2018 CRISIS AWARD
Spend five minutes with Max Frieder, and you’ll understand art can transcend the most challenging circumstances. His luminous, larger-than-life personality combined with an eccentric artistic talent are a testament to art as a modality for communication, expression, and friendship—as a way to express optimism even when hope seems lost.
A native of Denver, Colorado, Max is an artist and an educator, born with a love to paint and create. At 18 years old, he traveled to Israel after being invited to create a mural on a Kibbutz. Returning to the United States, he began his studies at the Rhode Island School of Design, battling an internal struggle of discontent watching his paintings hang static on walls. He was hired as an arts director at a summer camp in the Adirondacks, where he completed 25 wildly collaborative pieces of art and murals with children from around the world. In those moments, his eyes were opened to the potential for what could happen when children come together to paint their hopes and dreams for the future, and what this could mean to work with children who have experienced serious trauma.
Next stop: Israel and Palestine after the first Gaza war.
Max was 19 years old at the time, and shortly thereafter in 2009, Artolution got its start as a global initiative. Artolution empowers children and families through collaborative public arts initiatives that engage communities in creative experiences to promote healing, resilience and positive social change. He garnered support from the U.S. State Department, U.S. Embassy and U.S. Consulate who supported his first projects in the conflict zones of Israel and Palestine, ranging from reconciliation programs to working in the most violent refugee camps in the region. From there, international organizations including the UN, UNICEF and the EU continued to support his efforts in some of the world’s most marginalized communities.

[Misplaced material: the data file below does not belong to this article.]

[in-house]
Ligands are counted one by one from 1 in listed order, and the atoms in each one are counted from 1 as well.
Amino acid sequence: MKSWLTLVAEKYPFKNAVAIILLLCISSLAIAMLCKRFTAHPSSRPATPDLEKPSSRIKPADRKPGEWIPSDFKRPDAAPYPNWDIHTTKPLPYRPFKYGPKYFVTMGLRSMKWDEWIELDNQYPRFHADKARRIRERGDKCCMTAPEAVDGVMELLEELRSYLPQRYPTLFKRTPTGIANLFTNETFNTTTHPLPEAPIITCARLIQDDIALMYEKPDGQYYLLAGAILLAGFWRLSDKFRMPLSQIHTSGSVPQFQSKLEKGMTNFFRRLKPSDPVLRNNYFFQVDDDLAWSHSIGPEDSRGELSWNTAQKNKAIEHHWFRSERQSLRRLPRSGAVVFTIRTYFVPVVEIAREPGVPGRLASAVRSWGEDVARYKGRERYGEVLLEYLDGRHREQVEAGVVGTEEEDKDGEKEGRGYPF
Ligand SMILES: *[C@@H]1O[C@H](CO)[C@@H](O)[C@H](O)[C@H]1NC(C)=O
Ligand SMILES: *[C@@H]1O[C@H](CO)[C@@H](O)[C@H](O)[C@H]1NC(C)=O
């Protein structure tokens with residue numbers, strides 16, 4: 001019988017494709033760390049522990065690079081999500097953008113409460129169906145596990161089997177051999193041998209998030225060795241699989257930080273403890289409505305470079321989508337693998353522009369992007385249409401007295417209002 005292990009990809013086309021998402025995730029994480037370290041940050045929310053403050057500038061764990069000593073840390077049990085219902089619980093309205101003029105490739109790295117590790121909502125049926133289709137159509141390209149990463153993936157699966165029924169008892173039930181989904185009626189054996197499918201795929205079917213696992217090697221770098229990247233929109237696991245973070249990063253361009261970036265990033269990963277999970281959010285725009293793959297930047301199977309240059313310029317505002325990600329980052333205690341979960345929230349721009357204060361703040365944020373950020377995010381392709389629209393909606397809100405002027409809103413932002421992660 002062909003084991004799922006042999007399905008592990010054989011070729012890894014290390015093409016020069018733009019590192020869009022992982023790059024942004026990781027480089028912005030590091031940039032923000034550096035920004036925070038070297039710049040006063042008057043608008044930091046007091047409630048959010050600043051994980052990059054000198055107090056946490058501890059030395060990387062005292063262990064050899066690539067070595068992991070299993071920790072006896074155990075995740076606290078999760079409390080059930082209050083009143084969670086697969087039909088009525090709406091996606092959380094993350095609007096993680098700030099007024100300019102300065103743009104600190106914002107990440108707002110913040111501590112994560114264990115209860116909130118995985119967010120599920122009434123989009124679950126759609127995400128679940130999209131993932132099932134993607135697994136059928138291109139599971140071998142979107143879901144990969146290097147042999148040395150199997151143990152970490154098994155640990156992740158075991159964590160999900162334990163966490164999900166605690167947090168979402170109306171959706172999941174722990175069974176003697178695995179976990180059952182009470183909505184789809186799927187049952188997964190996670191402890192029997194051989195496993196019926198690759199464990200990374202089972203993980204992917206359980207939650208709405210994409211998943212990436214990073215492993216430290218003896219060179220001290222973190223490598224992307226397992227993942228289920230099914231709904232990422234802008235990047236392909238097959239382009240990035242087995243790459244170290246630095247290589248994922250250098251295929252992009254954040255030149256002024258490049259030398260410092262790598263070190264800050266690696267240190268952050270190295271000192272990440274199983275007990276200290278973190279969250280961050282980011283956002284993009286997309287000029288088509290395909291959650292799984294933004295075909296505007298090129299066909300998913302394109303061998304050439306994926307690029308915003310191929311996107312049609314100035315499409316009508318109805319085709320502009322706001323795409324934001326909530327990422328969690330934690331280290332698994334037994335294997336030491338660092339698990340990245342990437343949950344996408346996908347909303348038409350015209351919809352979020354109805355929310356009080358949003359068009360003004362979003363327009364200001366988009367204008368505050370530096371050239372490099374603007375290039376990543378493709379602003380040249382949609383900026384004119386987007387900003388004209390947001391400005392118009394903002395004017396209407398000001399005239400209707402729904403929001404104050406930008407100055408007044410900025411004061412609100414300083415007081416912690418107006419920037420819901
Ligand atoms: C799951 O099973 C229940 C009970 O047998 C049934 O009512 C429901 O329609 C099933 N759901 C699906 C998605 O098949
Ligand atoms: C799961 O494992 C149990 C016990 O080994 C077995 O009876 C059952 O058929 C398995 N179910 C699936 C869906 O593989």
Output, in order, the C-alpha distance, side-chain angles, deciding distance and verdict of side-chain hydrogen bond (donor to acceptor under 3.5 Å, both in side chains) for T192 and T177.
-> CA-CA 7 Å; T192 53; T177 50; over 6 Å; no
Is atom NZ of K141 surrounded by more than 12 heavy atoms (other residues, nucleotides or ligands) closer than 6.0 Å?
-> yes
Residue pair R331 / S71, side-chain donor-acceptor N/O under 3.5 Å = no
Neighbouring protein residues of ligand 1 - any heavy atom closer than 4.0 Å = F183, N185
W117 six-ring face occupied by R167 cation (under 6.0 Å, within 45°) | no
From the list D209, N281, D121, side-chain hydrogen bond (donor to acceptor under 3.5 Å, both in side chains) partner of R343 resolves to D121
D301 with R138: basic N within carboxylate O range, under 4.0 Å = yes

In 2016, Max partnered with his fellow community artist Joel Bergner, and Artolution became a non-profit organization in New York. From Syrian refugee camps in Jordan and Turkey to refugee camps in Greece and France to the slums of India and Peru to aboriginal communities in Australia and New Zealand, Max has completed powerful and overwhelmingly beautiful large-scale interactive murals and sculptures in 30 different countries over the last 10 years, working with thousands of children and families.
Most recently Max has worked in the Balukhali Rohingya Refugee camp, the largest refugee camp in the world on the border of Myanmar in Bangladesh training local refugee artists to facilitate trauma relief programs with children in the community.